UBC Faculty Research and Publications

Benchmarking of Water, Energy, and Carbon Flows in Academic Buildings : A Fuzzy Clustering Approach Alghamdi, Abdulaziz; Hu, Guangji; Haider, Husnain; Hewage, Kasun; Sadiq, Rehan

Abstract

In Canada, higher educational institutions (HEIs) are responsible for a significant portion of energy consumption and anthropogenic greenhouse gas (GHG) emissions. Improving the environmental performance of HEIs is an important step to achieve nationwide impact reduction. Academic buildings are among the largest infrastructure units in HEIs. Therefore, it is crucial to improve the environmental performance of academic buildings during their operations. Identifying critical academic buildings posing high impacts calls for methodologies that can holistically assess the environmental performance of buildings with respect to water and energy consumption, and GHG emission. This study proposes a fuzzy clustering approach to classify academic buildings in an HEI and benchmark their environmental performance in terms of water, energy, and carbon flows. To account for the fuzzy uncertainties in partitioning, the fuzzy c-means algorithm is employed to classify the buildings based on water, energy, and carbon flow indicators. The application of the developed methodology is demonstrated by a case study of 71 academic buildings in the University of British Columbia, Canada. The assessed buildings are grouped into three clusters representing different levels of performances with different degrees of membership. The environmental performance of each cluster is then benchmarked. Based on the results, the environmental performances of academic buildings are holistically determined, and the building clusters associated with low environmental performances are identified for potential improvements. The subsequent benchmark will allow HEIs to compare the impacts of academic building operations and set realistic targets for impact reduction.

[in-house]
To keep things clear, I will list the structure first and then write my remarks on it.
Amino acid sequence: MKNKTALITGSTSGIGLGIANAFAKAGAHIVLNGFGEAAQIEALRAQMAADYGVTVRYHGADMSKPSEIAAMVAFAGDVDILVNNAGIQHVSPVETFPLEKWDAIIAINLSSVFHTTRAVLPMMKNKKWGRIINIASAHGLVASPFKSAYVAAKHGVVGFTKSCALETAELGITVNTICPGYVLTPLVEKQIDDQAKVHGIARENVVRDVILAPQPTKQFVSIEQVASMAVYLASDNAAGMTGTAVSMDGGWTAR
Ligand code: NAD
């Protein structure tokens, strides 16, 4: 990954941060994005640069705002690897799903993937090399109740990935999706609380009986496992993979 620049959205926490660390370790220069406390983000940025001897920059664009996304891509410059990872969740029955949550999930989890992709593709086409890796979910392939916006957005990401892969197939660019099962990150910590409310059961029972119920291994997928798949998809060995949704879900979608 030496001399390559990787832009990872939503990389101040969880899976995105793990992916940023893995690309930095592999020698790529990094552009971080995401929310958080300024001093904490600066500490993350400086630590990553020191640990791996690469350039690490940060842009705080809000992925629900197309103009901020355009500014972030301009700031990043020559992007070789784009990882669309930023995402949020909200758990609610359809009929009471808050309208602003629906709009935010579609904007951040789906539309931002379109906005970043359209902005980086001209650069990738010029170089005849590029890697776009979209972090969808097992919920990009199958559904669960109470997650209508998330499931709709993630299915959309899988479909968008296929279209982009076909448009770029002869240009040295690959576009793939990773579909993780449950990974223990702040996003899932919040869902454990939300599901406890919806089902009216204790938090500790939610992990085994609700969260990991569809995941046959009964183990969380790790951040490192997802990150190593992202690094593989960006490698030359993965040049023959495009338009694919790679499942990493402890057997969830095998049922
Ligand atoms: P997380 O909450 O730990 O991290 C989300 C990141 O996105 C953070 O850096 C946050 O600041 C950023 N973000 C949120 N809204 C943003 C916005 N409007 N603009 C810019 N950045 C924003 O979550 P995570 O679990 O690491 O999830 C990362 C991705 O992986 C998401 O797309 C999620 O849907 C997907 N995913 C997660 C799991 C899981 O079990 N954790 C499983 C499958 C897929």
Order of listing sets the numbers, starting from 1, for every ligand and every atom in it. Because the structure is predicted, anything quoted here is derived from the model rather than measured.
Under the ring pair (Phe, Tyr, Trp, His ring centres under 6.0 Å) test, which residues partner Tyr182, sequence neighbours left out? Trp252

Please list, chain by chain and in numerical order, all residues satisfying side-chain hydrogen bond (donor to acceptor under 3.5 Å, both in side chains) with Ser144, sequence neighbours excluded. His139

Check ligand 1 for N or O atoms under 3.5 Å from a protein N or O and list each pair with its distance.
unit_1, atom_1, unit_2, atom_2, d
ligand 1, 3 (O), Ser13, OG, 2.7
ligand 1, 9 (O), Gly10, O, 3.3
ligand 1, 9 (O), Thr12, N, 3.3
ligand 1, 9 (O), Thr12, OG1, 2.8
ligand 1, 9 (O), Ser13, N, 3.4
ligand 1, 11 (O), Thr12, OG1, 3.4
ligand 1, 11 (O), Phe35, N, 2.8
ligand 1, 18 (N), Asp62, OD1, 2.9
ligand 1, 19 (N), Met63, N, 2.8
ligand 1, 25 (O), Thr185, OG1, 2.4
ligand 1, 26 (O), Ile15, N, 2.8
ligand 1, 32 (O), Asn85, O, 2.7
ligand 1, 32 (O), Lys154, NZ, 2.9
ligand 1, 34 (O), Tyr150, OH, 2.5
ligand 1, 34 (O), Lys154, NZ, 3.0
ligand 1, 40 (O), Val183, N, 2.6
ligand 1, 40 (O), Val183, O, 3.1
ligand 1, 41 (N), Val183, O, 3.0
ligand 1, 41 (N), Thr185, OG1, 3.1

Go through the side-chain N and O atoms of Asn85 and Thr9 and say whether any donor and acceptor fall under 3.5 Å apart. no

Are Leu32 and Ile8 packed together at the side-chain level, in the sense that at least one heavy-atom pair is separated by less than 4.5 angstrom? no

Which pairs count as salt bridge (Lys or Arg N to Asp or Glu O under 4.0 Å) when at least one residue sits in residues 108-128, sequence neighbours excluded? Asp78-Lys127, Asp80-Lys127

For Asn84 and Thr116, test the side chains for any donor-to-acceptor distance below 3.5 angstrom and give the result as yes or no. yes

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CC BY 4.0

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